In addition to helping enrichen middle and high-school aged students, the CITYstage summer camp is also a valuable resource for working parents who may not be otherwise able to arrange childcare during the summer, and provides free lunches to students each day. Instruments, costumes and any other supplies students need during the summer camp are also provided for free.

Stand-up comedian Susanna Spies high-fives a student during class (Olivia Niland/Neon Tommy)
Stand-up comedian Susanna Spies high-fives a student during class (Olivia Niland/Neon Tommy)
Though CITYstage does work with younger students, Danz said that she aims specifically to get older students involved, as there tend to be fewer programs and opportunities, and less parental involvement, for middle and high school students. CITYstage also works with other underserved youth demographics, including students experiencing homelessness, through a partnership with the School on Wheels tutoring program.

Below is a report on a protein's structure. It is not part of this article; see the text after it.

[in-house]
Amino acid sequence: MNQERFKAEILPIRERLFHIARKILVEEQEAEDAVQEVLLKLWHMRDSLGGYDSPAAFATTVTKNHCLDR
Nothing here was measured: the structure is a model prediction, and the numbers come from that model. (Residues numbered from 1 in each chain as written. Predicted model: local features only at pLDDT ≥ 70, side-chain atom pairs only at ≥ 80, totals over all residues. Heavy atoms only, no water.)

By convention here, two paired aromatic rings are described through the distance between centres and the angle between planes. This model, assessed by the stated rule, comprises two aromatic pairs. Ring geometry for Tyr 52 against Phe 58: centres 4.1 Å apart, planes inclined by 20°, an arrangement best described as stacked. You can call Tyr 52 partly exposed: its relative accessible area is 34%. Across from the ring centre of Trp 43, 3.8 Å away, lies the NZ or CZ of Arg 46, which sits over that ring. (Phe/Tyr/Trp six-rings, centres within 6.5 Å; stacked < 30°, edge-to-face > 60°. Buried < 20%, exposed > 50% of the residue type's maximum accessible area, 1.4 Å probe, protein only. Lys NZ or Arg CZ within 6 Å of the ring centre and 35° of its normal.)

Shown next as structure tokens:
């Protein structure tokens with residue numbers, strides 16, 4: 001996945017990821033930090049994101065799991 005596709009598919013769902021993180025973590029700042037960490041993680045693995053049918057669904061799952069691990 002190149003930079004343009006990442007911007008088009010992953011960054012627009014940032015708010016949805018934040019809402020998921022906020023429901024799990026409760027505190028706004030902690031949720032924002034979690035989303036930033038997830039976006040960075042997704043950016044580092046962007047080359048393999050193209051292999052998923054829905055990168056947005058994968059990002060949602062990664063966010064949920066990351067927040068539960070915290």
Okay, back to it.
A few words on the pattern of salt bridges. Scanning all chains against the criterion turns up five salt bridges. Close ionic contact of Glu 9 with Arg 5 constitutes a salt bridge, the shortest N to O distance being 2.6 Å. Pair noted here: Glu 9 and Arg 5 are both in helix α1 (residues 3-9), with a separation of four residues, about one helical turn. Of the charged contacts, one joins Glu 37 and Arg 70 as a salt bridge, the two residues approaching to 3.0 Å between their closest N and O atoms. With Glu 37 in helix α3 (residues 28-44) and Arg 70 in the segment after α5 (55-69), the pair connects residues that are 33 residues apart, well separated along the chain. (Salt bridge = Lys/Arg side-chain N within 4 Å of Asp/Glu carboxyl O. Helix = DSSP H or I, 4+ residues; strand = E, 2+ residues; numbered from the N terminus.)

“They are, by far, my favorite group of kids to work with,” Danz said of the students, the majority of whom reside on LA’s Skid Row, she teaches through the School on Wheels partnership. “They are so kind, and so appreciative of everything they have in life. So when they come here, this is their safe place, and their happy place.”

Danz and her team of professional musicians, singers, dancers, actors and stand up comedians from around Los Angeles aim to provide an enriching experience for students of all backgrounds, and though, as a non-profit, most of CITYstage’s positions are unpaid, this doesn’t stop performing artists from around the area lining up to work with CITYstage.

“I have 20 teachers on the wait-list who want to teach for CITYstage. That’s been the easiest part of this job, is finding really qualified teachers,” Danz said. “Just because it’s a free program, doesn’t mean that we sacrifice the quality of teaching. Every teacher we have is working in the field they’re teaching.”

The high standard Danz holds CITYstage instructors to is readily apparent veen to students, like Madison Rowe, a middle-schooler who attends both the summer camp and year-round CITYstage classes.